How QNX Neutrino is unique

The QNX Neutrino RTOS consists of a microkernel (procnto) and various processes. Each process—even a device driver—runs in its own virtual memory space.

Figure 1. The QNX Neutrino architecture.

The advantage of using virtual memory is that one process can't corrupt another process's memory space. For more information, see The Philosophy of QNX Neutrino in the System Architecture guide.

QNX Neutrino's most important features are its microkernel architecture and the resource manager framework that takes advantage of it (for a brief introduction, see Resource managers). Drivers have exactly the same status as other user applications, so you debug them using the same high-level, source-aware, breakpointing IDE that you'd use for user applications. This also means that:

Developers can usually eliminate interrupt handlers (typically the most tricky code of all) by moving the hardware manipulation code up to the application thread level—with all the debugging advantages and freedom from restrictions that that implies. This gives QNX Neutrino an enormous advantage over monolithic systems.

Likewise, in installations in the field, the modularity of QNX Neutrino's components allows for the kind of redundant coverage expressed in our simple, yet very effective, High Availability (HA) manager, making it much easier to construct extremely robust designs than is possible with a more fused approach. People seem naturally attracted to the ease with which functioning devices can be planted in the POSIX pathname space as well.

Developers, system administrators, and users also appreciate QNX Neutrino's adherence to POSIX, the realtime responsiveness that comes from our devotion to short nonpreemptible code paths, and the general robustness of the microkernel.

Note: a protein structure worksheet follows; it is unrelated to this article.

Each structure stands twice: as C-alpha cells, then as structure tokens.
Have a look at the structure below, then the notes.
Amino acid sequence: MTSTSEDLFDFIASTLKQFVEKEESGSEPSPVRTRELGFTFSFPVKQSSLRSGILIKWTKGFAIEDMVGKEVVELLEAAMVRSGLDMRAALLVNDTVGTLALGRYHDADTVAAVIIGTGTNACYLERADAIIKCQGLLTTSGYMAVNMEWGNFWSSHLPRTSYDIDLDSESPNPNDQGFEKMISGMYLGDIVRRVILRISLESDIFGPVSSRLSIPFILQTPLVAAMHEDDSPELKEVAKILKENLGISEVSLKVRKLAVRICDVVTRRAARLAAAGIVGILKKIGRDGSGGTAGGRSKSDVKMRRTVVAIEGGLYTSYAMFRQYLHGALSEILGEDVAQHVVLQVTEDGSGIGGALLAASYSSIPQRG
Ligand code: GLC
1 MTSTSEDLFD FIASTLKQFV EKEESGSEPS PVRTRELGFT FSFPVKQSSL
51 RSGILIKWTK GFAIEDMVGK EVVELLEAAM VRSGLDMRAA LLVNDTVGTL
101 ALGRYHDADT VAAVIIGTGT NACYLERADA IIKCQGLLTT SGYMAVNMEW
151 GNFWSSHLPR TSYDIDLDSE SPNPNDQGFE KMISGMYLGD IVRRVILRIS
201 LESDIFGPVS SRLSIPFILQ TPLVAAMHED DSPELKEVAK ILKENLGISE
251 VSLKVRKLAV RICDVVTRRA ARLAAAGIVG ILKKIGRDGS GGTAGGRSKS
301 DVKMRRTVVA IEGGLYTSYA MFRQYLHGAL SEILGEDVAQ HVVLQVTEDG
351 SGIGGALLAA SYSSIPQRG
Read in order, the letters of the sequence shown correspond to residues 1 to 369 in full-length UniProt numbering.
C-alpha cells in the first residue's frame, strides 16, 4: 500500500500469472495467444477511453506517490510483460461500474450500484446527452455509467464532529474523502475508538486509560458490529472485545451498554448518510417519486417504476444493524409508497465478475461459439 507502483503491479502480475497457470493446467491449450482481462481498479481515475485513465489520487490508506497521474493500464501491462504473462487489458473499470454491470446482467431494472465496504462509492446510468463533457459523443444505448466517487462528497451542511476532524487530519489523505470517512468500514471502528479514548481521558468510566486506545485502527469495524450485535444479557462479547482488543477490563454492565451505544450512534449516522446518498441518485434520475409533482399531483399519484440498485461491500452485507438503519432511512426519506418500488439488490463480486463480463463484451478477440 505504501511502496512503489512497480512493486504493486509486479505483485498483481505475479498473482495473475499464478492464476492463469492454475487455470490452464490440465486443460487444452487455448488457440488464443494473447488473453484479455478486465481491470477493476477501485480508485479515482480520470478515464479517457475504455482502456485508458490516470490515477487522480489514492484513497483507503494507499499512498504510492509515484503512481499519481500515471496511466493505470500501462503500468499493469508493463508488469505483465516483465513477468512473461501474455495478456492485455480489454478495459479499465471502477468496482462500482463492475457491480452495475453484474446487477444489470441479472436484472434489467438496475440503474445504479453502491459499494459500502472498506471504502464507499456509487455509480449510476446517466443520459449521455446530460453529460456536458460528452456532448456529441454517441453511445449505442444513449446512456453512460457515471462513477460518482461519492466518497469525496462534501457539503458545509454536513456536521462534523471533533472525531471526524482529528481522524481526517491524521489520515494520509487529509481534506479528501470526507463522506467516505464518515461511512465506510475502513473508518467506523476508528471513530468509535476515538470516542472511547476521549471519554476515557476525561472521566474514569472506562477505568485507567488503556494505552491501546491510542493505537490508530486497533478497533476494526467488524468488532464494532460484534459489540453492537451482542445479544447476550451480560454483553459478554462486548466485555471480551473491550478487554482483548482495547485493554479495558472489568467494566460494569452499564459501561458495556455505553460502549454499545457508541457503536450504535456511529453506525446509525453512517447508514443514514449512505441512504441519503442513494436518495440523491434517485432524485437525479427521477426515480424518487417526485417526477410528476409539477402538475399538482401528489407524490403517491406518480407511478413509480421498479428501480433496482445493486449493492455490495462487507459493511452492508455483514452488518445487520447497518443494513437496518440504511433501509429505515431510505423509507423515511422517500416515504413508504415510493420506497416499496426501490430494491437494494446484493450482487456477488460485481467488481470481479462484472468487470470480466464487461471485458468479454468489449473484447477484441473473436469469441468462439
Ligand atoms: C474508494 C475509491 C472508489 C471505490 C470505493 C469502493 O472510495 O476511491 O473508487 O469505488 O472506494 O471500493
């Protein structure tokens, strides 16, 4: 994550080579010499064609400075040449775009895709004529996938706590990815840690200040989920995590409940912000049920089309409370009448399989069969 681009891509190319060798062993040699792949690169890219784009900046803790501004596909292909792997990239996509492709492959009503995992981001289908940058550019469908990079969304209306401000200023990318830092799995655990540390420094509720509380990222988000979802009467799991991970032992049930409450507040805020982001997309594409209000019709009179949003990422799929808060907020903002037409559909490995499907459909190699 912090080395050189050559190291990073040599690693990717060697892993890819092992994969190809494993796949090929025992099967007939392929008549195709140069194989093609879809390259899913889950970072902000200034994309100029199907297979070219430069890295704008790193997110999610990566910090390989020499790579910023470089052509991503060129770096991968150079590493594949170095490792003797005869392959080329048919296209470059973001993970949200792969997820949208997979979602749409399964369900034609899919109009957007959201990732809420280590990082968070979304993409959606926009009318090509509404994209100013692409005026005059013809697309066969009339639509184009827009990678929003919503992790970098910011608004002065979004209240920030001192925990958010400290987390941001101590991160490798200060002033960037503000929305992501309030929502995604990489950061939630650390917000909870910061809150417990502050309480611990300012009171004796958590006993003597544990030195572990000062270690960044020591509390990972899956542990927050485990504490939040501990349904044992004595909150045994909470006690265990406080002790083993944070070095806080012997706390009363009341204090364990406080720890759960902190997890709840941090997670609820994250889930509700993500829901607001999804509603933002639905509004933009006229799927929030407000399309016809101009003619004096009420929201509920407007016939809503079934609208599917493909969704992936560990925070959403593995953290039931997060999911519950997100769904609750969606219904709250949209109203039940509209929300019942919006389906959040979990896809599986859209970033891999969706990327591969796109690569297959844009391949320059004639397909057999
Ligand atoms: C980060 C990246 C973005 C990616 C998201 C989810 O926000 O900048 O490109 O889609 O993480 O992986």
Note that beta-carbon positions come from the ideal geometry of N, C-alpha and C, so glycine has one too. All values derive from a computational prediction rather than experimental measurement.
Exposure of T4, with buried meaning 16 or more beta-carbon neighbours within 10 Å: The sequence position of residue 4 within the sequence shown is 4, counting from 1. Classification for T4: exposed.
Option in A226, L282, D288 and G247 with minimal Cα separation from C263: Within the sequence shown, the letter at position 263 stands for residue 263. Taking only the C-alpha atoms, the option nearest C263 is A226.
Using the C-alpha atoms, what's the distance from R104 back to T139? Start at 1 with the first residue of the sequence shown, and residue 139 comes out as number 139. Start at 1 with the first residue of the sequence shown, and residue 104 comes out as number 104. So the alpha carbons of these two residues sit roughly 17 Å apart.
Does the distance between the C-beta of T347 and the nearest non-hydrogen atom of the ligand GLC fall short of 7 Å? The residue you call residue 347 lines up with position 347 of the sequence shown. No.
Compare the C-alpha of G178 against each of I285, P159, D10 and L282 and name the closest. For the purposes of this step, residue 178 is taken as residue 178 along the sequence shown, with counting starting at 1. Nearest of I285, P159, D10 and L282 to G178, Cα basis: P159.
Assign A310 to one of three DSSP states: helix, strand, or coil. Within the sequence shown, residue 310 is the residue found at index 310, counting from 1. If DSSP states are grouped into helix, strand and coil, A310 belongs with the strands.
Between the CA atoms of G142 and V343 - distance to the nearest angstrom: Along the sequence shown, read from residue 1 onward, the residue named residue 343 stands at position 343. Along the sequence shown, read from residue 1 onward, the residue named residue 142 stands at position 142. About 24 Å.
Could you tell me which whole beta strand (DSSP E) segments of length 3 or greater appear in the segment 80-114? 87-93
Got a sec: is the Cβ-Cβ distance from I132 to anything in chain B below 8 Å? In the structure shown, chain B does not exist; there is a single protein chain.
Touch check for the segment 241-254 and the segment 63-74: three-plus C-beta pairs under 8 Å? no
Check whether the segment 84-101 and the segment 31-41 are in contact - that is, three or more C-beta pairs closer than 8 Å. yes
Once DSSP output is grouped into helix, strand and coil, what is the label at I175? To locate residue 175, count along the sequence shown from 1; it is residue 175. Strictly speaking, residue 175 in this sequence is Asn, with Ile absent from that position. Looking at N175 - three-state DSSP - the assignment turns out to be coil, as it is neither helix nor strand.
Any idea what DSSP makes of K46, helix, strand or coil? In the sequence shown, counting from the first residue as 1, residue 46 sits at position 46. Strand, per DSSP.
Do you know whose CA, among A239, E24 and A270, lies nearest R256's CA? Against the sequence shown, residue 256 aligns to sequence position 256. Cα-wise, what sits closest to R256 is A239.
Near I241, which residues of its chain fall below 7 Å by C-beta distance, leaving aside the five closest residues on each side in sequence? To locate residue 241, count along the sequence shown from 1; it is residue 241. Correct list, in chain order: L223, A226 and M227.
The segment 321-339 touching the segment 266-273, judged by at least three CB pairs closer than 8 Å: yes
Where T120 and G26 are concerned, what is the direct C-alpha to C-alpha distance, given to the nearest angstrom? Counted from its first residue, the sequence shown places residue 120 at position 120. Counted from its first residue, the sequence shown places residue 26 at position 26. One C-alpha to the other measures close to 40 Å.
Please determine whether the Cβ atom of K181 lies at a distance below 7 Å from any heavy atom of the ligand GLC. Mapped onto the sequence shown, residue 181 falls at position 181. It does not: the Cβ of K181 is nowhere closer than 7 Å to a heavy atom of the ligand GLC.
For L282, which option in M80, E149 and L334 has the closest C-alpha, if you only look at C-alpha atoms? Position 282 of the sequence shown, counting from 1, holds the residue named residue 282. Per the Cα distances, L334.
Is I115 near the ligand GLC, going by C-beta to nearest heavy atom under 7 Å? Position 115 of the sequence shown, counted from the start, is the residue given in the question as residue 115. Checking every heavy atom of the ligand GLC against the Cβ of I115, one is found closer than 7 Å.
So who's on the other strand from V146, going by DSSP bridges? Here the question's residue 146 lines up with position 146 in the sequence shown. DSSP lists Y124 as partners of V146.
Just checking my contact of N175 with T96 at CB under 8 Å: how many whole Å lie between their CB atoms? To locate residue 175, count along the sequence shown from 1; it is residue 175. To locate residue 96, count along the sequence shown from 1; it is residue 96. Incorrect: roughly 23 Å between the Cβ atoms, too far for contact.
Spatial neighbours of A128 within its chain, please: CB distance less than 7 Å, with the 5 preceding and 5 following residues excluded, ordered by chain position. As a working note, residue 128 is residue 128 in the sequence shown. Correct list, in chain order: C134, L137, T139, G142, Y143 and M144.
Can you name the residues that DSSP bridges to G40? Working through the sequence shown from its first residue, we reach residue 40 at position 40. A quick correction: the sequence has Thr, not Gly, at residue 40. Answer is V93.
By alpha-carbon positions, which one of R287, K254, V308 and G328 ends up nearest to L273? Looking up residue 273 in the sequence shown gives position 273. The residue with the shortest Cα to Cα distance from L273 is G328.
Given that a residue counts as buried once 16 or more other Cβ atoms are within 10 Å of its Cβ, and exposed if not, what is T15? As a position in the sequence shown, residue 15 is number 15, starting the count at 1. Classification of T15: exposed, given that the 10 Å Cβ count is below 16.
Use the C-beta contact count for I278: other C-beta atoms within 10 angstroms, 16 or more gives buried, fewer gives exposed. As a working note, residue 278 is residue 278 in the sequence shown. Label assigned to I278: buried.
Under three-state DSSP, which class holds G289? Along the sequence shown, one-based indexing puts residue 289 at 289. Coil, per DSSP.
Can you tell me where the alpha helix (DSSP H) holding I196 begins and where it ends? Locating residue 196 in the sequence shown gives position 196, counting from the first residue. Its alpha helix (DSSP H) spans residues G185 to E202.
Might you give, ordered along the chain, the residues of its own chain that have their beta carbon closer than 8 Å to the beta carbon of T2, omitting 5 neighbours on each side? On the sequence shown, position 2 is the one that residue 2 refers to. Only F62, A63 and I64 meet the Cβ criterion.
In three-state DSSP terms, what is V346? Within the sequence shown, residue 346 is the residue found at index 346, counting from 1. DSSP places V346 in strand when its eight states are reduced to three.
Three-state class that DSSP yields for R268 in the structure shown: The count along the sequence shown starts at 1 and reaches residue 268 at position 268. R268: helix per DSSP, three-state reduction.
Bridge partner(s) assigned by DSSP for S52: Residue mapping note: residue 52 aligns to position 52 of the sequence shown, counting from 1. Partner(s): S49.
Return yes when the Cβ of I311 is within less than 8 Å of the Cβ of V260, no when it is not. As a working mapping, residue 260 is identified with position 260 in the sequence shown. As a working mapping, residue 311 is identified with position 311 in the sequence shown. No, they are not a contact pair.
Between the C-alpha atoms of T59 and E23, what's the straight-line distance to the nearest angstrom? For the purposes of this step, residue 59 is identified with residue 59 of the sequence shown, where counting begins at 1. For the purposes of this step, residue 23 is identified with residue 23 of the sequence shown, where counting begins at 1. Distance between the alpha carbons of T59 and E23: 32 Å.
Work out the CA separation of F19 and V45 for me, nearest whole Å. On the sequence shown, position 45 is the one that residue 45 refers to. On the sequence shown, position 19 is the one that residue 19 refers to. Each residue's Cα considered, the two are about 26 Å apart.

Some x86 systems can run in System Management Mode (SMM), where the BIOS installs special code that runs when a System Management Interrupt (SMI) occurs. SMI interrupts may be generated by the motherboard or peripheral hardware, and can't be masked by the operating system. When SMM is entered, normal operations—including the OS—are suspended, and the SMI handler runs at a high priority. Avoid using systems where SMM can't be disabled, because it can destroy QNX Neutrino's realtime performance. The OS can't do anything about the delays that SMM introduces, nor can the OS even detect that the system has entered SMM.

QNX Neutrino's microkernel architecture lets developers scale the code down to fit in a very constrained embedded system, but QNX Neutrino is powerful enough to use as a desktop OS. QNX Neutrino runs on multiple platforms, including x86, and ARM. It supports symmetric multiprocessing (SMP) and bound multiprocessing (BMP) on multicore systems with up to 32 processors; for more information, see the Multicore Processing chapter of the QNX Neutrino Programmer's Guide.

QNX Neutrino also features the Qnet protocol, which provides transparent distributed processing; you can access the files or processes on any machine on your network as if they were on your own machine.